Locals are also wary of the possible dangers that the checkpoint bears. Most prominently, Karabakh Armenians underscore that it is unknown on which principles the Azerbaijani border guards will check their passports; they are concerned that participants of both Karabakh wars will be stopped and detained. Gohar (42), a resident of Stepanakert, explains: “No scenario of unblocking within the status quo will be good for us. Even if the roads open and we can travel to Yerevan, succumbing to the Azerbaijani checkpoint is already a defeat and a huge danger for us.” Additionally, Karabakh Armenians are  concerned they may not be allowed back into the region after using the checkpoint to enter Armenia. In some sense, locals have come to see their continued everyday life inside the blockade and inside Nagorno-Karabakh, with all its hardships, as a form of resistance to Azerbaijani rule.

Resistance to integration: Will people eventually leave?

Since the start of the blockade, Azerbaijan has been sending more consistent and pronounced signals of coercive integration. For example, on the rare trips that Karabakh Armenians were allowed to make with the supervision of the International Committee of Red Cross, some cars were stopped by self-declared Azerbaijani eco-activists, the primary agents of the blockade during its initial phase. The activists-cum-government agents proposed that the travellers accept Azerbaijani citizenship as a condition for allowing them to pass the roadblock.

Baku has been actively promoting the narrative of integration, which includes the demolition of de facto state institutions in what remains of the Nagorno-Karabakh Republic. President Ilham Aliyev announced in May 2023 that the de facto parliament and presidency must be dissolved.

Locals in Nagorno-Karabakh are torn between a principled resistance against the idea of integration and an unwillingness to leave their homes once the corridor is unblocked. “Our wish and will is still the same,” says Arsen. “We want to live here, as Armenians. However, it is becoming clearer to us now that the price we should pay for our wishes is much higher than we expected.”

Despite the resolute commitment to staying, several thresholds may lead Karabakh Armenians to opt in favour of leaving the region. Hovhannes (23), who lives in Stepanakert with his family, points to the presence of an Azerbaijani military force in Nagorno-Karabakh as a factor which would make him consider leaving. The fact that the Nagorno-Karabakh Armed Forces (or Artsakh Defence Army), an indigenous self-defence force, remain operational in the territory, maintains a limited sense of security for the local population.

“A solution in the form of mutual concessions,” analyst Shujaat Ahmadzada wrote in a recent article published by the Baku Research Institute, “could be to abolish this paramilitary force and instead, to initiate forming new local police units with a more limited number. In return for this step, Azerbaijan can make a solemn commitment to impose a moratorium on the entry of its armed forces into the territories inhabited by the Karabakh Armenian community […] for the next 5-10 years, as well as announce that the ethnic Armenians who served in the military will not be brought before a court […].” In the current environment, however, the odds are not stacked in favour of such compromises. Azerbaijan has persistently condemned the existence of any self-defence force in Nagorno-Karabakh and rejected the introduction of a new international peacekeeping mission.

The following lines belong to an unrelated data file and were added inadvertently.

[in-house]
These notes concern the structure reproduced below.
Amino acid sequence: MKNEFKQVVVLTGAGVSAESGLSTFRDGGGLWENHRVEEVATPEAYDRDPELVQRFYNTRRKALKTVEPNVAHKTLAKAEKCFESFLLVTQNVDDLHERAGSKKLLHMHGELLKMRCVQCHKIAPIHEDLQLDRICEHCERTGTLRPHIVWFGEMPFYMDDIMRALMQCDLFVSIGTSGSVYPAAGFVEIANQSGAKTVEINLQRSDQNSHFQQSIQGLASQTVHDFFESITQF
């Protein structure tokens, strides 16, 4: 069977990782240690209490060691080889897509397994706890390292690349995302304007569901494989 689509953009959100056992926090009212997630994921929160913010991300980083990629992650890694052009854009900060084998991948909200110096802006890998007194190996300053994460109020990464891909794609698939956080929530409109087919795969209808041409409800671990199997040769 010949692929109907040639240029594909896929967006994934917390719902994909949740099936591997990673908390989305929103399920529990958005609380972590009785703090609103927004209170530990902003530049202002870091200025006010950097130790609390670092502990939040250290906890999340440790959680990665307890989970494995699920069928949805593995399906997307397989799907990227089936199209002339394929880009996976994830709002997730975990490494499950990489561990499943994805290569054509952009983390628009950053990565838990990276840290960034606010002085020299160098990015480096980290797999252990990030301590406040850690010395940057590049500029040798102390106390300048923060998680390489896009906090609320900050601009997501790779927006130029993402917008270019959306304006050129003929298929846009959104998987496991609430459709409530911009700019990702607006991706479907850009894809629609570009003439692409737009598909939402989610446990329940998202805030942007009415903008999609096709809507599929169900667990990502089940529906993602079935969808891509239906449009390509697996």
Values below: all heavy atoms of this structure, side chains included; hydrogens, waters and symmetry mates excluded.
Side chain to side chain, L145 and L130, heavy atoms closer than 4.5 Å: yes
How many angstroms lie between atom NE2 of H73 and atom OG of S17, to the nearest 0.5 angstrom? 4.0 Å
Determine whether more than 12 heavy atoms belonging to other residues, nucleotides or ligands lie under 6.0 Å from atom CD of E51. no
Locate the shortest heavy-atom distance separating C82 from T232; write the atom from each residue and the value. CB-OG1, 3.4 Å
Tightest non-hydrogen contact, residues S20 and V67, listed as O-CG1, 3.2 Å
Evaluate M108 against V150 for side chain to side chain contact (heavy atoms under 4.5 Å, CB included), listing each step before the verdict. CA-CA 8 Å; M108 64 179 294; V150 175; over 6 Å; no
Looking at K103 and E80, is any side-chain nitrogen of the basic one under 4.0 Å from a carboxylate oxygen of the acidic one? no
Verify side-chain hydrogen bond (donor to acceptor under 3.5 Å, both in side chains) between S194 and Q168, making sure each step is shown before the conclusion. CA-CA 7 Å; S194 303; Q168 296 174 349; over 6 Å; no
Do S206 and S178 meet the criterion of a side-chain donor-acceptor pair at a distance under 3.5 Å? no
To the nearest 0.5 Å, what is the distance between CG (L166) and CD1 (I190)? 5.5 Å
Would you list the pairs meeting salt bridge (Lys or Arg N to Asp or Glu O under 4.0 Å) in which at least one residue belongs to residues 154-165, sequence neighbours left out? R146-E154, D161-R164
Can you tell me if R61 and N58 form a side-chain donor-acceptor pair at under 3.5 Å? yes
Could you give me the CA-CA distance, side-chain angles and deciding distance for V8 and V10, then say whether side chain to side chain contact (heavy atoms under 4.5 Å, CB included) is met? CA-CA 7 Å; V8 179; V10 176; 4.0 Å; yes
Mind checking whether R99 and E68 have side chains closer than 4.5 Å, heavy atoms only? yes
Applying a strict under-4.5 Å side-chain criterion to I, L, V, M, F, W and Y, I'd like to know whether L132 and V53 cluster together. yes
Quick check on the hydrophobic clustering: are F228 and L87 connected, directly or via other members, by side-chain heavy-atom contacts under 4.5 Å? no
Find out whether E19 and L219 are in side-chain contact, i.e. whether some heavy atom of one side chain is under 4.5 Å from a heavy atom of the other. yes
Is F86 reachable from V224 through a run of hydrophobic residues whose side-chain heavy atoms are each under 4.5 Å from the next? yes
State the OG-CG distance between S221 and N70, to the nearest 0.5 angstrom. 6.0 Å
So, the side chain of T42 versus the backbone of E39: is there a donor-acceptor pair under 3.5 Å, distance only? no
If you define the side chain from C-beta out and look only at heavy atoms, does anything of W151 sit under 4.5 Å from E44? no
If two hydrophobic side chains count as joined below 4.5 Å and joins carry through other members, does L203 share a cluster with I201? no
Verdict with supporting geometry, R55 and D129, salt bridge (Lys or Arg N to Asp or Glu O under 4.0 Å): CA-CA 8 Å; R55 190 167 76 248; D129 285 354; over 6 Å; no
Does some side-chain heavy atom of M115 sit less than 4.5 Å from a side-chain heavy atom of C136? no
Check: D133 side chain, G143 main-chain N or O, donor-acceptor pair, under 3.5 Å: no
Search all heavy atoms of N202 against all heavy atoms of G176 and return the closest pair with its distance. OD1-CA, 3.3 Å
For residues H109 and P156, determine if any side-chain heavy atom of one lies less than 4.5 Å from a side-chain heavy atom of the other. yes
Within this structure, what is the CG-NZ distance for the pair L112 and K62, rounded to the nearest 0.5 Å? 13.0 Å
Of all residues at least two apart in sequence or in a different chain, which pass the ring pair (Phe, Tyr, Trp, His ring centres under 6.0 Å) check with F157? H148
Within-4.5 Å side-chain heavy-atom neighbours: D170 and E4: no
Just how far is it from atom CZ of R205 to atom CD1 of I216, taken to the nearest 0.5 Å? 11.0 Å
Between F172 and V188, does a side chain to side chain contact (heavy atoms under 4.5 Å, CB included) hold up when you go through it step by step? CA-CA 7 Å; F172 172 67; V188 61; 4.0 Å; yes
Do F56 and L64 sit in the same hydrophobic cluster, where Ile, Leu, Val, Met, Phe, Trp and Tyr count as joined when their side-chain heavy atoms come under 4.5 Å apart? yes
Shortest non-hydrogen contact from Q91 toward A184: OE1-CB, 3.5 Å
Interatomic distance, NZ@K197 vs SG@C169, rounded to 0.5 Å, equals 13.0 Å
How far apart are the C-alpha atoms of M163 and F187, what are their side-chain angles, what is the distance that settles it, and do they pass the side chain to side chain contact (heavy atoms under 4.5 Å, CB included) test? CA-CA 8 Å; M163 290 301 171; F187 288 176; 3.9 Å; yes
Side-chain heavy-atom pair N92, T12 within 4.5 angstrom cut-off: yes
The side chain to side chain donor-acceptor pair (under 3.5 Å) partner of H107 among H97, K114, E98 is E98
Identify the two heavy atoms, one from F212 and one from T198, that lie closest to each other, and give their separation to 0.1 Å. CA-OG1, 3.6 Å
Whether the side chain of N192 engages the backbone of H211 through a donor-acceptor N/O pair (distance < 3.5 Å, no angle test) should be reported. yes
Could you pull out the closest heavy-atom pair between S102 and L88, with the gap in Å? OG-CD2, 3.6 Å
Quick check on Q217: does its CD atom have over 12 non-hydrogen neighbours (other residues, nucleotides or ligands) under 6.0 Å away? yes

Local responses to Azerbaijan’s encroaching absorption of the remaining Armenian-inhabited parts of Nagorno-Karabakh will likely fracture along generational lines. “There is a significant number of people in Karabakh, generally of a more senior age, who will stay no matter what,” Edgar tells Lossi 36 over the phone. “For us, the younger generation, we will consider the details of any new arrangements and deals more carefully. Leaving might eventually be an option for some of us.”

Despite locals’ unwavering commitment to the narrative of the Karabakh movement, there is looming acknowledgement that an ideal solution may be impossible. Baku’s new ultimatums have made the Armenians of Nagorno-Karabakh reconsider their personal red lines and take the option of leaving more seriously. For now,  the vast majority of Karabakh Armenians continue to push through the hardships of the blockade as an act of resistance. However, as clashes re-occur in Karabakh and threats of new military operations re-emerge in Azerbaijani media, this resistance hangs more thinly than ever before.

Feature Image: Unsplash / Canva